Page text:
The nightmare comes closer


#1

The Google driverless car is on the streets and they are even letting regular old folks like us have rides. Here’s an article and short video about it. I apologize for the ad before the video, but that’s USA Today’s fault. No pedals, no steering wheel, no fun. No fun driving, anyway. Any comments?

I think Googles ulterior motive is to take all those ground photos for Google Maps with this buggy.


#2

The undeniable result of taking people out of the decision-making process of driving a car is that accident and death rates will plummet.


#3

Unfortunately @insighful it may be computers can do better than humans, until they rebel!

" HAL: I know that you and Frank were planning to disconnect me, and I’m afraid that’s something I cannot allow to happen.

Dave Bowman: [feigning ignorance] Where the hell did you get that idea, HAL?

HAL: Dave, although you took very thorough precautions in the pod against my hearing you, I could see your lips move.

Dave Bowman: Alright, HAL. I’ll go in through the emergency airlock.

HAL: Without your space helmet, Dave? You’re going to find that rather difficult.

Dave Bowman: HAL, I won’t argue with you anymore! Open the doors!

HAL: Dave, this conversation can serve no purpose anymore. Goodbye.


#4

I hear ya. Remember this movie?:


#5

@insightful I do not remember that one, will put it on the radar, as long as we are getting obtuse, how about soylent green is people, idiocracy the movie might be a fun watch


#6

did they make a soylent green movie? I read the book long ago.


#7

Yes they did make a movie Ideocracy movie link http://www.veoh.com/watch/v44577193FmkEcm9f?h1=Idiocracy+-+2006


#8

I doubt the Google folks actually think they’ll get their driverless cars on the road in Calif. At least cars without actual persons on board responsible to supervise and if necessary over-ride the computer. I expect this project of theirs is part a “look how cool we are” advertisement for Google, and part that there are niche uses for driverless cars, like in warehouses, military use, nuclear power plant accidents, etc.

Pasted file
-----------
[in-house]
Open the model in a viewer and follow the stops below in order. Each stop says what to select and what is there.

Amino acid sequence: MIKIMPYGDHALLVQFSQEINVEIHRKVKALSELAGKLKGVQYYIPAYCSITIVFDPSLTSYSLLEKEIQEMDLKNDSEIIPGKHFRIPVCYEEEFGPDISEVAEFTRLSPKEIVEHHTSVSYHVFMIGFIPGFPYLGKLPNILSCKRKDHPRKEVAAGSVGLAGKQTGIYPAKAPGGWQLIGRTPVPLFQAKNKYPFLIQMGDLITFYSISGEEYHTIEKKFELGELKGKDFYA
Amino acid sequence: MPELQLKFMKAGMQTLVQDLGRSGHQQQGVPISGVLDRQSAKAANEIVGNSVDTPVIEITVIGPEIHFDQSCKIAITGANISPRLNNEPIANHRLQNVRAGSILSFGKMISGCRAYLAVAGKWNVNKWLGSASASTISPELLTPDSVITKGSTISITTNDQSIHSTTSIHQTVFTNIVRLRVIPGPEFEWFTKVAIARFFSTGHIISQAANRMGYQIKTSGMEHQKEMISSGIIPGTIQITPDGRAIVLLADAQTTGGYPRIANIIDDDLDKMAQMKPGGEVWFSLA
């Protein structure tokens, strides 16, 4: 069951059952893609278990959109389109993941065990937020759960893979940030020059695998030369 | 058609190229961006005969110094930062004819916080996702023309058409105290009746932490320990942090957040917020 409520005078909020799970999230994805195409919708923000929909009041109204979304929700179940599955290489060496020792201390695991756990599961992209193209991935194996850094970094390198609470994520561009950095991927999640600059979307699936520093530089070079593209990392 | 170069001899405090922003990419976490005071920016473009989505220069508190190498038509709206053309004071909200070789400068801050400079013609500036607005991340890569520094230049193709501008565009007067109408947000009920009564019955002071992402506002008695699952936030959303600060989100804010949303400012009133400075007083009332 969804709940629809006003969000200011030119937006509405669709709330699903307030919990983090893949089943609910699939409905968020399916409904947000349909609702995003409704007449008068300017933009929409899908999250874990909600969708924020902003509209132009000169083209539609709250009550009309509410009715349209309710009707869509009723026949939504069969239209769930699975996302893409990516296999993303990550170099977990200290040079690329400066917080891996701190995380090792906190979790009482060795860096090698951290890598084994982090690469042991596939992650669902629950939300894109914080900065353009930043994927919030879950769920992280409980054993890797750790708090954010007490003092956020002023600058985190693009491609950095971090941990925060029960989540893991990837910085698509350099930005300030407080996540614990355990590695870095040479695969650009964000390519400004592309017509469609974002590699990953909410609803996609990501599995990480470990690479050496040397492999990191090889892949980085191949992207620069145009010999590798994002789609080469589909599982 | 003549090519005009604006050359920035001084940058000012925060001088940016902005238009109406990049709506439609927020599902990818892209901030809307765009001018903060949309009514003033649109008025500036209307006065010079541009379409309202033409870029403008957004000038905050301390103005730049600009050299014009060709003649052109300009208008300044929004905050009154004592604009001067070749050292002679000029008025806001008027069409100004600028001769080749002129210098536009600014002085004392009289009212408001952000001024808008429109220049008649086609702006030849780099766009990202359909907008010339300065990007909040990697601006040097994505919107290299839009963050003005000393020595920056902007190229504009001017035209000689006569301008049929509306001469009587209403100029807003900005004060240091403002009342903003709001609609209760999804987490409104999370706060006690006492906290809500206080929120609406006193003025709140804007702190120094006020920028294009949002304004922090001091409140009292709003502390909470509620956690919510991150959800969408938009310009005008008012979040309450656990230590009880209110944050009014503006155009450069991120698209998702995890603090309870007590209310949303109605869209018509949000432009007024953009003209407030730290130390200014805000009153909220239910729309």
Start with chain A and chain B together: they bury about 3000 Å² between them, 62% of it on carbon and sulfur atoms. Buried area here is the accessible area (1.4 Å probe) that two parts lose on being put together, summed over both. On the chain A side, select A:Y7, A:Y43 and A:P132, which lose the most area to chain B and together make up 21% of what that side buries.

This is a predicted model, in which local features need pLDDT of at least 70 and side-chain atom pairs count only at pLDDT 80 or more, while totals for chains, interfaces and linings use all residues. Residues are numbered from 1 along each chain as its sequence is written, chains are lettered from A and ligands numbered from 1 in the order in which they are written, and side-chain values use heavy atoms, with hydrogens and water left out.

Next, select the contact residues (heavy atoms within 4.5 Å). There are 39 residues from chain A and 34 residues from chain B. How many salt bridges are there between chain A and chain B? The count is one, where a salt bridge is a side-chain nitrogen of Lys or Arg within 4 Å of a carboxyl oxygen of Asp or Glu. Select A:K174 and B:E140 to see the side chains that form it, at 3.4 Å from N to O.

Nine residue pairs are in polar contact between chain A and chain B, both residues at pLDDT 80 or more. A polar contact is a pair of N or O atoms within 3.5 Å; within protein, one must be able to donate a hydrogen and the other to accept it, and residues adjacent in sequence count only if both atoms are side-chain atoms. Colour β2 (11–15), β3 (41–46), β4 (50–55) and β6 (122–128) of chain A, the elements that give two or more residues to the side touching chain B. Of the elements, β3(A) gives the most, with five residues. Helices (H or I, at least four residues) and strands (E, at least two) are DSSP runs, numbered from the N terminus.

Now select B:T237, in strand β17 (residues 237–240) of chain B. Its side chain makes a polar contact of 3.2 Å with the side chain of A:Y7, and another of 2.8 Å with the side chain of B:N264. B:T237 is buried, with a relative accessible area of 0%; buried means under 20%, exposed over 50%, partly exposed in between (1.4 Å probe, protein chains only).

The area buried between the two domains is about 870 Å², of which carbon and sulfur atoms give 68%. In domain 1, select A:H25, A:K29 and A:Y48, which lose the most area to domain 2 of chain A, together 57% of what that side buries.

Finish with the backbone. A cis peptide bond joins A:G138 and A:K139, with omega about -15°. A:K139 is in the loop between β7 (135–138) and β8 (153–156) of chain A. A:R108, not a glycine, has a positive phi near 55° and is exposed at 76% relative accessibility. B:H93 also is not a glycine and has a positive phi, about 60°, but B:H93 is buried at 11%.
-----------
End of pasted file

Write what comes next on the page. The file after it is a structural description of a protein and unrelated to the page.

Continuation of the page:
#9

Okay, here’s the problem I have with Google’s [supposed] “driverless car”: it’s not the concept, it’s the principle that’s offensive.

I am all for having the option of automating a portion of the “mechanical” aspects of driving a car. Developing an autopilot for an auto is pretty darn cool, and if they’d just leave it at that, no worries.

But NO…they have to make the “driverless” claim, which also implies turning over all the “managerial/captaincy/decision making” to the machine. Alterantively (and IMO more likely) it just means that a bunch of computer nerds fail to appreciate the necessary nature of captaincy to the operation of any vehicle.

It should be noted that the technology for captainless travel has existed for some time in shipping and aviation, but the Powers That Be there (wisely, IMO) decided that there was a vital need for human input and command authority over the operation of the vehicle, even if the captain in question never operates a control the whole trip.

What I mean by “captaincy” are making decisions like, “Have weather conditions deteriorated enough to stop for the night, or press onward?” “Given a mechanical issue, should I continue to the destination, stop at the next exit, or pull over immediately?” and “Do I need to disobey a reg in the interest of safety?”

As for the last, I routinely drive down a 12% grade road that ends at a “T” at the bottom (Powers Run Rd at Freeport road, for those keeping score at home). The light has a “No Turn On Red” sign, and for good reason: it’d be tricky to turn onto the 40 MPH road with little visual on oncoming traffic. NOW, suppose I’m at the light, and a Mack coal truck is descending behind me, lights flashing, horn blaring, brakes burning…he’s NOT going to be able to stop!